Why did India deny Australian radio legend visa?
In the eyes of our media, ties between India and Australia are mostly defined by cricket. Yet many other things bring the two countries together. Both were once colonies of the British Empire; both are now democracies. Both have growing economic ties with China; both are wary of the political rise of China. There is now a large Indian diaspora Down Under.
To be sure, the countries have different histories and cultural traditions. Ours is a far older, more continuous, civilisation; theirs a nation of settlers and immigrants. They still owe allegiance to the British Crown; we gave up on that in 1950. Australia has one language, English; whereas India is home to many different languages.
Among the differences between Australia and India is that they have a vigorous and independent public broadcasting system. Twenty years after it was set up, Prasar Bharati remains a propaganda arm of the government. On the other hand, the Australian Broadcasting Corporation (ABC), though funded from the state exchequer, is entirely free of political interference.
In Australia, radio is as important a means of communication as television, newspapers, or the Web. ABC Radio broadcasts news, features, interviews and debates which are widely listened to across the country. Perhaps the most prestigious radio programme in Australia is Late Night Live, which for several decades has been hosted by Phillip Adams. Adams has a marvellous radio voice; deep, gravelly, with just the right pauses. He is sharp, well- informed, and often witty. Because of who he is, and because of the reach of his radio show, Phillip Adams is an Australian national institution.
To be sure, not all of his listeners always agree with Adams; but even those who do not share his views admire his independence of mind and his curiosity about the world. While many Australian journalists are parochial and inward-looking, Adams and his team are greatly interested in the other countries of Asia, Europe, Africa and the United States as well. Night after night, his show has brought the world to Australia; and for an increasing number of people who are not from that country, the show has brought Australia to the world too.
For a flavour of what Phillip Adams and his Late Night Live means to Australia, do look at its web page, which curates comments on the show’s 20th anniversary. Not all comments are complimentary; but even those that are critical reflect a deep engagement, demonstrating the importance of the show and its presenter to Australia’s democratic life.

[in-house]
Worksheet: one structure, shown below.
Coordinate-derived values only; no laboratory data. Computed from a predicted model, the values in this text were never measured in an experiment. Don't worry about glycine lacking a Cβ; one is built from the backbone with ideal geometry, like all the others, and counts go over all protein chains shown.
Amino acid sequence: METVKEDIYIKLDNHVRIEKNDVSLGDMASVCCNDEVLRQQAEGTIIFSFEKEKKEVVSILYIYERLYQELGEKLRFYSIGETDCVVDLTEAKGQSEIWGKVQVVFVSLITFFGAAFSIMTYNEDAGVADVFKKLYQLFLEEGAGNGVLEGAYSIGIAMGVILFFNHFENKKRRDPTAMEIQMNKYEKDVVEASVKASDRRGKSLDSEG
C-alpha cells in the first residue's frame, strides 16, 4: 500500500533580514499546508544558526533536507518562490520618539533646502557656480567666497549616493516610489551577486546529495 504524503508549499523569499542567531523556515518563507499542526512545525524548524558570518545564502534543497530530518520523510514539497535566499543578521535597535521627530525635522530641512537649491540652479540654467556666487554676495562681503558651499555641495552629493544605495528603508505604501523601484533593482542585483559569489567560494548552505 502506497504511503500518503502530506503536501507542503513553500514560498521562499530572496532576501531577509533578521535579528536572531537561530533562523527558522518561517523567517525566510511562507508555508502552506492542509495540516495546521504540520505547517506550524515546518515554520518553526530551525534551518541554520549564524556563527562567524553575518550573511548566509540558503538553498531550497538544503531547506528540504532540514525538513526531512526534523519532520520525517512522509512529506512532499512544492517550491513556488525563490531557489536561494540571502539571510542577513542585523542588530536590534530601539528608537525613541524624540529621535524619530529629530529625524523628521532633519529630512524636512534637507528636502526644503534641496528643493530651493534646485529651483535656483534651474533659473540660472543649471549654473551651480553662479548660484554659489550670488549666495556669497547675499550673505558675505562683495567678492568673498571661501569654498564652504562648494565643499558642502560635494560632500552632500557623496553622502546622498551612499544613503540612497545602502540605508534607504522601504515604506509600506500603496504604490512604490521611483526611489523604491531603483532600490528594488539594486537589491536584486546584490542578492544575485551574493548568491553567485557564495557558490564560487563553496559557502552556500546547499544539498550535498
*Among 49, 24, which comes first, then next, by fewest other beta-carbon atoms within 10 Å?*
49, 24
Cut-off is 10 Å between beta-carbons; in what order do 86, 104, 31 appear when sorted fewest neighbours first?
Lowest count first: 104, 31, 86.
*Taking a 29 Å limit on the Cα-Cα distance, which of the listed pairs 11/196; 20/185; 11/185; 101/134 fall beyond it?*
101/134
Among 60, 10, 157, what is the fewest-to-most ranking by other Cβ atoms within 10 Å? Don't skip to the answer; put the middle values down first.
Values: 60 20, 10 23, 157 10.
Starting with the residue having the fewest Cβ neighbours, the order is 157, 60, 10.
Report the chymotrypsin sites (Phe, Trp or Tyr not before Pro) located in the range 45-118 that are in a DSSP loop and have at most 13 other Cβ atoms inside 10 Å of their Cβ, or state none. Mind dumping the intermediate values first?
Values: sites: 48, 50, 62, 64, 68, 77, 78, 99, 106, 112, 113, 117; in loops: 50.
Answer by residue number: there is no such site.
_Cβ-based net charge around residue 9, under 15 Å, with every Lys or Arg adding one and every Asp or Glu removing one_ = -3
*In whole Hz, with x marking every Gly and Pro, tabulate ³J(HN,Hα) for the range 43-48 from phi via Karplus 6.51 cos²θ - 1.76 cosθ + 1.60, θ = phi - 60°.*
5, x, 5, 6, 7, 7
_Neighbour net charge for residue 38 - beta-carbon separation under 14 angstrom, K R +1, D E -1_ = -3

Phillip Adams is now in his late seventies. Yet he retains his zest and his energy, as manifest in his plans to tour a country to which his own nation has come closer over the years. Adams had hoped to spend several weeks in India, speaking to a wide cross-section of Indians, with the travels and talks to culminate in a series of shows on this, professedly the largest democracy in the world. That, at the advanced age of 78, this Australian national treasure would criss-cross India was not merely a manifestation of Adams’s own professionalism and intellectual curiosity; but of a wider interest in our country among his compatriots.
However, that trip now won’t happen. Phillip Adams and his team have been denied visas to visit India. Presuming that their visas would be granted in, at most, a month, they had sent in their passports and forms to our consulate in Sydney, and made flight and hotel bookings to and in India. However, for weeks together their visas would not come. The Indian Consulate did not grant the visas; and gave no reason either. Eventually, Adams and his team were forced to cancel their trip.
Why was Phillip Adams not allowed by our Government to visit India? He is not a drug smuggler, terrorist, or tax evader; on the other hand, he is a venerated public figure in a country that is a democracy like ours, a country with which we have close ties. There is strong speculation that Adams was not granted a visa because the ABC had recently done a television documentary on the Adani Group’s operations in that country. The documentary charged the Adanis with using illegal tax havens to minimise their tax liabilities in Australia, and with promoting environmentally hazardous projects. Denying visas to Phillip Adams and his team, a senior ABC producer told this writer, ‘does seem like payback for the 4 corners program last year on Adani and Australia’. Another ABC staffer was told by an Australian government official that the visa refusal was ‘about Adani’. And Phillip Adams himself tweeted: ‘After a year’s planning & months seeking visas LNL was blocked from entering India ..no reasons given, just obsfucation.(might it have something to do with 4C’s Adani report?)’.
As an Indian democrat, I hope the speculation is untrue. For otherwise it would reflect very badly on the ministry of external affairs. While Phillip Adams does a radio show, the Adani exposé was conducted on television, an entirely different arm of the ABC. In any case, it cannot be the job of our Government to carry on a vendetta on behalf of a private company. The Adanis have recourse to the law in Australia; let them sue the ABC for defamation if they so desire.
Such capricious behaviour adversely affects our relations with a country with whom we have good ties and wish for even better ties. But, beyond India-Australia relations, it also calls into question our credibility as a democracy. Are we so thin-skinned, so paranoid, so insecure, that we cannot even allow a 78-year-old Australian carrying nothing more dangerous than a tape recorder to travel across India? I would hope not.
(This appeared in The Hindustan Times Ramachandra Guha’s books include Gandhi Before India)